Northeastern Section (45th Annual) and Southeastern Section (59th Annual) Joint Meeting (13-16 March 2010)

Paper No. 3
Presentation Time: 8:00 AM-12:05 PM


MORRIS, Evan, Department of Geology, State University of New York, College at Potsdam, 44 Pierrepont Avenue, Potsdam, NY 13676 and REVETTA, Frank, Geology, SUNY Potsdam, 44 Pierrepont Avenue, Potsdam, NY 13676,

Two gravity anomalies are of interest in Steuben County, NY. A gravity high 12 miles south of Corning, NY in Steuben County and a gravity low in the middle of Steuben County. The gravity high extends across the New York border into Tioga Co., Pennsylvania, where it was first mapped by Howell and Vozoff (1953), and later by Revetta (1967). This anomaly is circular in shape with gravity values ranging from -30 to -44 mGals. It covers an area of 900 square miles and has a magnitude of 14 mGals. Howell and Vozoff believe the anomaly is due to an intrusion of diabase.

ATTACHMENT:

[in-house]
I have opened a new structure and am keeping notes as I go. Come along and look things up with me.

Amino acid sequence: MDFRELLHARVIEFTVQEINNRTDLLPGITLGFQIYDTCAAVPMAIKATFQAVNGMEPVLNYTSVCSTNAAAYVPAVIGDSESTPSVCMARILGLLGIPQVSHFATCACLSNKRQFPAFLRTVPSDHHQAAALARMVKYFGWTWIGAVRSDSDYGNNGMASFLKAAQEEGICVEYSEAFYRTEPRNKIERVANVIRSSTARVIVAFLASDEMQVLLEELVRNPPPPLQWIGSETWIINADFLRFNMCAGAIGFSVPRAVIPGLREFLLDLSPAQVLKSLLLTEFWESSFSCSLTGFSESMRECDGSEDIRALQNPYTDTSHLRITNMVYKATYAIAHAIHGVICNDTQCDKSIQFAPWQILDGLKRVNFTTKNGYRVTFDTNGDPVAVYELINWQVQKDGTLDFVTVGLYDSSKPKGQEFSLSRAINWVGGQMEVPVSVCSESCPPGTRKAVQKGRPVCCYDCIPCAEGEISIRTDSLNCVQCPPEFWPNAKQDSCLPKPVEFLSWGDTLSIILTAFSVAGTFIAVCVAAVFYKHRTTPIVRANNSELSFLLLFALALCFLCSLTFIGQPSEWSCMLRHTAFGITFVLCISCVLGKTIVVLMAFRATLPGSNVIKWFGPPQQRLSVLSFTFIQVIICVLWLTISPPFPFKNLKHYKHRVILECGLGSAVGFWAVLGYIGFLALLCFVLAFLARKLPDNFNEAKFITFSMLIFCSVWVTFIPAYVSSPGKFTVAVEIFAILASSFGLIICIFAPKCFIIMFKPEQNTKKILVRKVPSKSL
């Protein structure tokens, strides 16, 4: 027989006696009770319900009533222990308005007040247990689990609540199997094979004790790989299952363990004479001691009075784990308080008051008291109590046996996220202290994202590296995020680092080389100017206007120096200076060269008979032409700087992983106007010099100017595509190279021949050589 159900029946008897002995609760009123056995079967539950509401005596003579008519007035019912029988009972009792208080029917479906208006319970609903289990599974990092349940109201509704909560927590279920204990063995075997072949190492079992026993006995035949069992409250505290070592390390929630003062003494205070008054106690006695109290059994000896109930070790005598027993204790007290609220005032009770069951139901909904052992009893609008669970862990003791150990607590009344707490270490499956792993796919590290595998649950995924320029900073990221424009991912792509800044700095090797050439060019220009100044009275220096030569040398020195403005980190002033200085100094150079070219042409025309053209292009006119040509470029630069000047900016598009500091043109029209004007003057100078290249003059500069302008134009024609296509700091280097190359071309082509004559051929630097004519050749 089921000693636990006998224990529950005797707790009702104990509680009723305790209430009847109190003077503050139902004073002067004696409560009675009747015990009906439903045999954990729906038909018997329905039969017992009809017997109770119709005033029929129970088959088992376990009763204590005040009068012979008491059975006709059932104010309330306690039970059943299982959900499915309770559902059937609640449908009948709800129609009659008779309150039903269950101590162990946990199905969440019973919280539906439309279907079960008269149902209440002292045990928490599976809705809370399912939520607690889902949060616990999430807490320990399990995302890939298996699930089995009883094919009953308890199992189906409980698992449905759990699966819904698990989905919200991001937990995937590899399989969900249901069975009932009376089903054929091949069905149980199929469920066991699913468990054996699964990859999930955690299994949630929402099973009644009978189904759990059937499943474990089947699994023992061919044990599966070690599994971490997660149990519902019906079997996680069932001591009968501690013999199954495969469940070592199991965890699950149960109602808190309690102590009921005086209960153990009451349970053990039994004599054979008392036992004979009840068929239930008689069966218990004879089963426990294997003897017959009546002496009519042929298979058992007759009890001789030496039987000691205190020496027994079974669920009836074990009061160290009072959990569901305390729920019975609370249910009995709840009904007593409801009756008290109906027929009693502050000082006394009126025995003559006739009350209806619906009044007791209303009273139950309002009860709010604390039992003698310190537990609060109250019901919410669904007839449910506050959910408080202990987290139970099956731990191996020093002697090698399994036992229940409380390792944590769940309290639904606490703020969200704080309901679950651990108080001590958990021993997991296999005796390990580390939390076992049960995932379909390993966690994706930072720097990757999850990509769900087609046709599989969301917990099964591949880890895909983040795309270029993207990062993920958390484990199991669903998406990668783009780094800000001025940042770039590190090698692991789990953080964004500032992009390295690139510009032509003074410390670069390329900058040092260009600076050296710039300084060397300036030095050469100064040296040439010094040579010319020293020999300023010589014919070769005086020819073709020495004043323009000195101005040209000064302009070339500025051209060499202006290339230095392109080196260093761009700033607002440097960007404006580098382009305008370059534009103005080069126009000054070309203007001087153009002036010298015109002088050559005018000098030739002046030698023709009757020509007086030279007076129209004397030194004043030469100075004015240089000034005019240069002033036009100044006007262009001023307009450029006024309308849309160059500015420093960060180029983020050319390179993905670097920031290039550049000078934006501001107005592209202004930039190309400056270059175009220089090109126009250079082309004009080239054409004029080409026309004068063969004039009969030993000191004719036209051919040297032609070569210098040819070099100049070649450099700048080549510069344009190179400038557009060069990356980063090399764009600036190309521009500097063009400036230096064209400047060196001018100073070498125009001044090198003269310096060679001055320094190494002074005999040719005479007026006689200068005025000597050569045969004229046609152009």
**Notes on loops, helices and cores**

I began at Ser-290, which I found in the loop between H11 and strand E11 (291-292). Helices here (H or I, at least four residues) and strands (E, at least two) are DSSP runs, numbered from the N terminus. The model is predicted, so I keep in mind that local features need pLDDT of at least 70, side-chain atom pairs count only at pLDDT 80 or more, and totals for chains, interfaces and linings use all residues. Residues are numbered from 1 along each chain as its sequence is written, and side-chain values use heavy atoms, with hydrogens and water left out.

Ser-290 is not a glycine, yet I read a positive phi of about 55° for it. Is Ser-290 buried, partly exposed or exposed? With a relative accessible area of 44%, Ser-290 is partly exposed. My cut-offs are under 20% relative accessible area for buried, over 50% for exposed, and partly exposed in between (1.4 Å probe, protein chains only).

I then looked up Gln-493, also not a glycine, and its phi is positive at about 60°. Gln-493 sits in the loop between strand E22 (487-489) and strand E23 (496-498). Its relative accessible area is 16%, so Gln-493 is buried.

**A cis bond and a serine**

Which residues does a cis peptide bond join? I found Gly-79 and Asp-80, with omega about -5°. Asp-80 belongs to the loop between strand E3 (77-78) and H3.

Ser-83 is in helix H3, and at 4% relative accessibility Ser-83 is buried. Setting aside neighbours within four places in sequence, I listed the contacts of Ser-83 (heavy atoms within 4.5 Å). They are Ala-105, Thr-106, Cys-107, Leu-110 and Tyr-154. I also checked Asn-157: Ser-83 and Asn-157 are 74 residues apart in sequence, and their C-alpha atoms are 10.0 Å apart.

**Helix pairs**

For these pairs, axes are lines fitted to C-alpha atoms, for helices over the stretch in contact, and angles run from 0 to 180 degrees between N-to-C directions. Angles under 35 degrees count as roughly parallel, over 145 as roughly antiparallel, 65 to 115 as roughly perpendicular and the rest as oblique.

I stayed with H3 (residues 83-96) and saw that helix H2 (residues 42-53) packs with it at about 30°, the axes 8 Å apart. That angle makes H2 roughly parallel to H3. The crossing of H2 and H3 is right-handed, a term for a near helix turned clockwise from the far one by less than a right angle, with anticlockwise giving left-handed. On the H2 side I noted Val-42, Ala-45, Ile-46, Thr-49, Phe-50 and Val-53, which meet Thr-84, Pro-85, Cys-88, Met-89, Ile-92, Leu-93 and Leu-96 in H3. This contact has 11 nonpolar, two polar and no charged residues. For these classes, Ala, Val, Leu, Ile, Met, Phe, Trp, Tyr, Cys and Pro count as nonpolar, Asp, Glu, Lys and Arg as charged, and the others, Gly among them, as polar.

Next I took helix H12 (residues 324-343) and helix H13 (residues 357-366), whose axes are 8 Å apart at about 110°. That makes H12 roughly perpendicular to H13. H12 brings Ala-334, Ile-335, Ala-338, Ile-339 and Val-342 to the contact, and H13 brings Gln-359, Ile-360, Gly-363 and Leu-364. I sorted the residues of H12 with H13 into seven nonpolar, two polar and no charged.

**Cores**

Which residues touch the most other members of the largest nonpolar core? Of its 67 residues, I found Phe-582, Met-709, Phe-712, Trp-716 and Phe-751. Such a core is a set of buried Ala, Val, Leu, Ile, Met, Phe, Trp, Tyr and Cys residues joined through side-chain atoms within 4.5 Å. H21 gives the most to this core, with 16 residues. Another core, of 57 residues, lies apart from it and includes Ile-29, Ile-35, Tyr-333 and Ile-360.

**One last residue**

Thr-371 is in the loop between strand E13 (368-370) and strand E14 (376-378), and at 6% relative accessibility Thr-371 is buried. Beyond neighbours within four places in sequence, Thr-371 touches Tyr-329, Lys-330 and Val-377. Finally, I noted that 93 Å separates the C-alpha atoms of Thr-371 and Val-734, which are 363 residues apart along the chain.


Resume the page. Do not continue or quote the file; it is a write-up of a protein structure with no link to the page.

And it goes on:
In the center of Steuben County northwest of Corning, NY is a gravity low. This simple Bouguer anomaly reaches a low of -58 mGal. The magnitude of the anomaly is 12 mGals and a gradient of 1.5 mGals/km. The anomaly is located in an area where the basement is buried beneath 3,500 meters of overlying Paleozoic sediment. The Marcellus Shale, a Middle Devonian black low-density shale extends into this area. Its low density would produce a gravel low as shown in central Steuben Co.

The magnetic map (J. Wallach) covers the area southwest of Lake Ontario between 42° 15' and 43° 30' north latitude and 75° and 77° west longitude. The magnetic anomalies originate in the PreCambrian basement. These anomalies are due to variations in the magnetic susceptibility or basement topography. The magnetic highs could indicate shallow basement or the upwarp of the overlying sedimentary rock. These upwarped areas may serve as oil or gas traps in the area.